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Fake Steve Jobs? Meet The Real Fake Jane Wells

Friday, 20 Jul 2007 | 9:28 AM ET

With all the talk about the “Fake Steve Jobs” at www.fakesteve.blogspot.com, (including on this blog), followed by the "Fake Gene Munster," the Piper Jaffray analyst who covers Apple, at www.fakegene.blogspot.com(Jim Goldman alerted us to this one yesterday), it seems to me all the attention goes to the fakes.

CNBC.com photo composite

So…what if there was a “Fake Jane”? I mean, I’m kinda fake already, but what about someone pretending to be me--an evil, bitter, insecure version of me? Ok. Me. Here’s today’s entry for “Fakejane”:

Got in this morning. Julia Boorstin already here. Again, Always in early, working the phones, schmoozing contacts, trying to “break news.” She’s young, smart, gorgeous, nice, went to Princeton. Man, I hate her.

Just got my assignment for the day: cover some company I’ve never heard of because Huckman is out sick. I mean, who cares about a company called Pfizer? How do you even say it?

The five stories I pitched were ignored. They just don’t get it back there in New York. They laughed at my passionate plea to cover a highly promotable story in Malibu that our viewers would love: a company teaching yoga to dogs. I mean, come on! Ka-ching! No, instead I have to cover some stupid boring stock, getting my marching orders from some guy who doesn’t know the difference between a put and a call.

Another network calls asking me for a resume. Again. My resume? HELLO! TURN ON THE TV PEOPLE!

Ok, time to get ready to go on air. Come on, Jane. Think good thoughts! Get that smile going. Sell it, baby! You aren’t getting any younger, you gotta win ’em over with personality! BIG SMILE! Good girl…

OK, NOW FOR THE NIGHTMARE PART
In today’s installment of Funny Business--that isn’t funny in the ha-ha way--we’re talking hellish customer service. Andy Barnett lives in a remote area of Northern California in Humboldt County. For those of you unfamiliar with that region, it’s probably best known for its wonderful old growth forests and thriving underground marijuana industry. Andy is a musician and author (ok, blatant plug, he wrote “Compose Yourself”).

Since he lives out in the boonies, he signed up with WildBlue.net to get high-speed internet service via satellite. For much of rural America, Wildblue is really the only way to get broadband. Barnett signed up in May of 2006, and the equipment was guaranteed for a year. Eleven months in, it died. Thus began one of the most mind-numbing attempts to get repairs that I have ever heard. He’s made repeated calls to the company only to learn that the piece of equipment he needs is no longer in stock. A company rep told him over the phone they’re completely out.

Yet they continue to charge him for monthly servic THAT HE NO LONGER HAS. And, according to Barnett, during this time WildBlue sales reps continued to tell prospective customers they could get service within a few weeks, even though the company allegedly didn’t have the necessary equipment.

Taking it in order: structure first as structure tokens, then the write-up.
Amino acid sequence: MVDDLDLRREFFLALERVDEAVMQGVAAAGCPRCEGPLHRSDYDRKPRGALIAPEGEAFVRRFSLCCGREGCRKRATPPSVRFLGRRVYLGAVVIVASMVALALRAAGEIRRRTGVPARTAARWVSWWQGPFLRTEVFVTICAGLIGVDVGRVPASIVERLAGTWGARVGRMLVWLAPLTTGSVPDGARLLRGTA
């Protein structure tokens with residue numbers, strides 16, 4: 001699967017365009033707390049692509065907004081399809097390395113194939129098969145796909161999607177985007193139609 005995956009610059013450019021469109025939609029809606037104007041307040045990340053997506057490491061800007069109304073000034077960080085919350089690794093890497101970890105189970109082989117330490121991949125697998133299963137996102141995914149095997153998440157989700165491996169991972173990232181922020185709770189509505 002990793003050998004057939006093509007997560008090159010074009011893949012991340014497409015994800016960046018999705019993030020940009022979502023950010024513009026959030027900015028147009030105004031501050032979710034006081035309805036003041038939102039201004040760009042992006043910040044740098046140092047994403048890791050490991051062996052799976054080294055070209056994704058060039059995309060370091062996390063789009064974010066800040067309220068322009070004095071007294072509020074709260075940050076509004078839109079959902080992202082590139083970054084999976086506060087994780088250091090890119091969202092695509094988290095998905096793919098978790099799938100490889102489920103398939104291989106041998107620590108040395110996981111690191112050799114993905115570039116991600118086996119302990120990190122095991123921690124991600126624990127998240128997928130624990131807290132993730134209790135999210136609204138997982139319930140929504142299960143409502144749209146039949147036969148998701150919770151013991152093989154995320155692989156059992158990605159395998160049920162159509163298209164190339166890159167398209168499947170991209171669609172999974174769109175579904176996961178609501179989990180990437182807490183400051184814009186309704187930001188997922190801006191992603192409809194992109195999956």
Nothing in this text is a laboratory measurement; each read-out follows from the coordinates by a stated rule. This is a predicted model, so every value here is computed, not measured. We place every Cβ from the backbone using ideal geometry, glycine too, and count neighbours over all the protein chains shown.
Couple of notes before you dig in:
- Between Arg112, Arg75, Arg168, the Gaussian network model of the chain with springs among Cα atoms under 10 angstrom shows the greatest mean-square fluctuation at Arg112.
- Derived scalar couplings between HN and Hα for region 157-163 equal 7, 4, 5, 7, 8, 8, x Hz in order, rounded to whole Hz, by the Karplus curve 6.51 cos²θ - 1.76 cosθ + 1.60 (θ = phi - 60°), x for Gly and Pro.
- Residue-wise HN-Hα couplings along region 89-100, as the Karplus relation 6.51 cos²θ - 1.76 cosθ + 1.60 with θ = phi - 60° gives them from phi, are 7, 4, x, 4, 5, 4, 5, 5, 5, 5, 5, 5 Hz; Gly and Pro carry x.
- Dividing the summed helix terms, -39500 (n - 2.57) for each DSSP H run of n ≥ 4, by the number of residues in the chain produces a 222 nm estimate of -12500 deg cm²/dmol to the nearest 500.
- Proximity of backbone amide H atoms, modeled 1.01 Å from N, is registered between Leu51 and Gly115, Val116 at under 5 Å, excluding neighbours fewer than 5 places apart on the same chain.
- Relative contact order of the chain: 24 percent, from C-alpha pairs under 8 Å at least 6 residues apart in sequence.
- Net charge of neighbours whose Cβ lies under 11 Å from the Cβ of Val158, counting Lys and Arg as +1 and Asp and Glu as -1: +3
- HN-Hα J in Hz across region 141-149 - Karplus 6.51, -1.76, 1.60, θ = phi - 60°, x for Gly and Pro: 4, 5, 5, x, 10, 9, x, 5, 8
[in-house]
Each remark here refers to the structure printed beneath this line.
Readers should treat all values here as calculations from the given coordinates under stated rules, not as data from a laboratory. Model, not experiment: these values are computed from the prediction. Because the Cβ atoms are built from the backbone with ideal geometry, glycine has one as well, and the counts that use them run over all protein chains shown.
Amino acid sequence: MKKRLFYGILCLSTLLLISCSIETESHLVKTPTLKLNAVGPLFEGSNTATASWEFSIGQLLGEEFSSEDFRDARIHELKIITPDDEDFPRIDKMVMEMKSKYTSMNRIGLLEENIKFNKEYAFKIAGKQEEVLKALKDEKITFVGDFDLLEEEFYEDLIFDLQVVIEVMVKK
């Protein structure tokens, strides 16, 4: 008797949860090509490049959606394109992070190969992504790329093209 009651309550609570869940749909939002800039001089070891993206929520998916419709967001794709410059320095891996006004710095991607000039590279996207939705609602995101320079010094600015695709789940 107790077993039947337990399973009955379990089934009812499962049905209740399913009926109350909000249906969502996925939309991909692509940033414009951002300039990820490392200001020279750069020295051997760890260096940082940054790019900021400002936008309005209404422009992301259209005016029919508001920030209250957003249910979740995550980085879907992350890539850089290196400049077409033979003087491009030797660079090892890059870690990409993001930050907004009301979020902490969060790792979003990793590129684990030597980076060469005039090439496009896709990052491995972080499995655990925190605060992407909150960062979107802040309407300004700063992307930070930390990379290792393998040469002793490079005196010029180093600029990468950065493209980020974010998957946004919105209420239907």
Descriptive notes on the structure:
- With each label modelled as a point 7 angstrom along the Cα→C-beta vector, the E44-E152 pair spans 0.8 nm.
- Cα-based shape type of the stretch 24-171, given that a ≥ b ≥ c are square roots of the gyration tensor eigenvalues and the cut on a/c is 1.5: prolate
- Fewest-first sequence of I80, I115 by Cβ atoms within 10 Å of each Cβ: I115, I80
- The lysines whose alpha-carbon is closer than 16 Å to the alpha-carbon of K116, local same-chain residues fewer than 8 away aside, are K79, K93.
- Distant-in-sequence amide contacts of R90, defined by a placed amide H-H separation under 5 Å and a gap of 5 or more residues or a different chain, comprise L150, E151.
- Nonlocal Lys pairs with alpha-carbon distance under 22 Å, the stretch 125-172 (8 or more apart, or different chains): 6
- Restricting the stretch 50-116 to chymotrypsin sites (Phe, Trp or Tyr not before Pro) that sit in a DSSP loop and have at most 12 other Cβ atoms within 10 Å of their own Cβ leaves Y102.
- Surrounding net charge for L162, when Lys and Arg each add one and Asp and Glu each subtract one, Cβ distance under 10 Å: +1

Barnett writes:
This whole thing has been my only direct dealing with the corporate world in a long time. It sure is an eye opener. Is it standard for two levels of supervisors to direct floor workers to mislead customers so they can keep their "customer request" numbers up? Is "Corporate" telling them to do this to keep their projections up so they can get the financing to shore up a crumbled supply chain?

He then tried to blame some of it on Dick Cheney, but I won’t go there (I’ve known Andy for almost 20 years). Over the last couple of weeks Barnett has talked to at least a half dozen people at the company or its suppliers, trying to get his money back for lack of service (the guy helping him do that had “left the company” by the next phone call). And Barnett is still trying to get the necessary repairs so he can get back up to high-speed internet access.

Is anyone else having this trouble? I have reached out to the company to find out what the problem is and am waiting to hear back. But I'm a reporter at a business network and I MIGHT get answers. What matters more is that a customer is NOT getting answers, that he continues to be charged for service he's not receiving, no matter how much tries to beg, threaten, or cajole his way into a refund.

The latest update from Barnett came this week, saying he'd been told the equipment had finally come in and a repairman would arrive Wednesday: “Well, Randy--the repair guy based 90 miles north and a gent I am not allowed to contact directly--never showed yesterday.”

And now he can’t get anyone to answer the phone.

Comments? Funny Stories? Email funnybusiness@cnbc.com

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  • Based in Los Angeles, Jane Wells is a CNBC business news reporter and also writes the Funny Business blog for CNBC.com.

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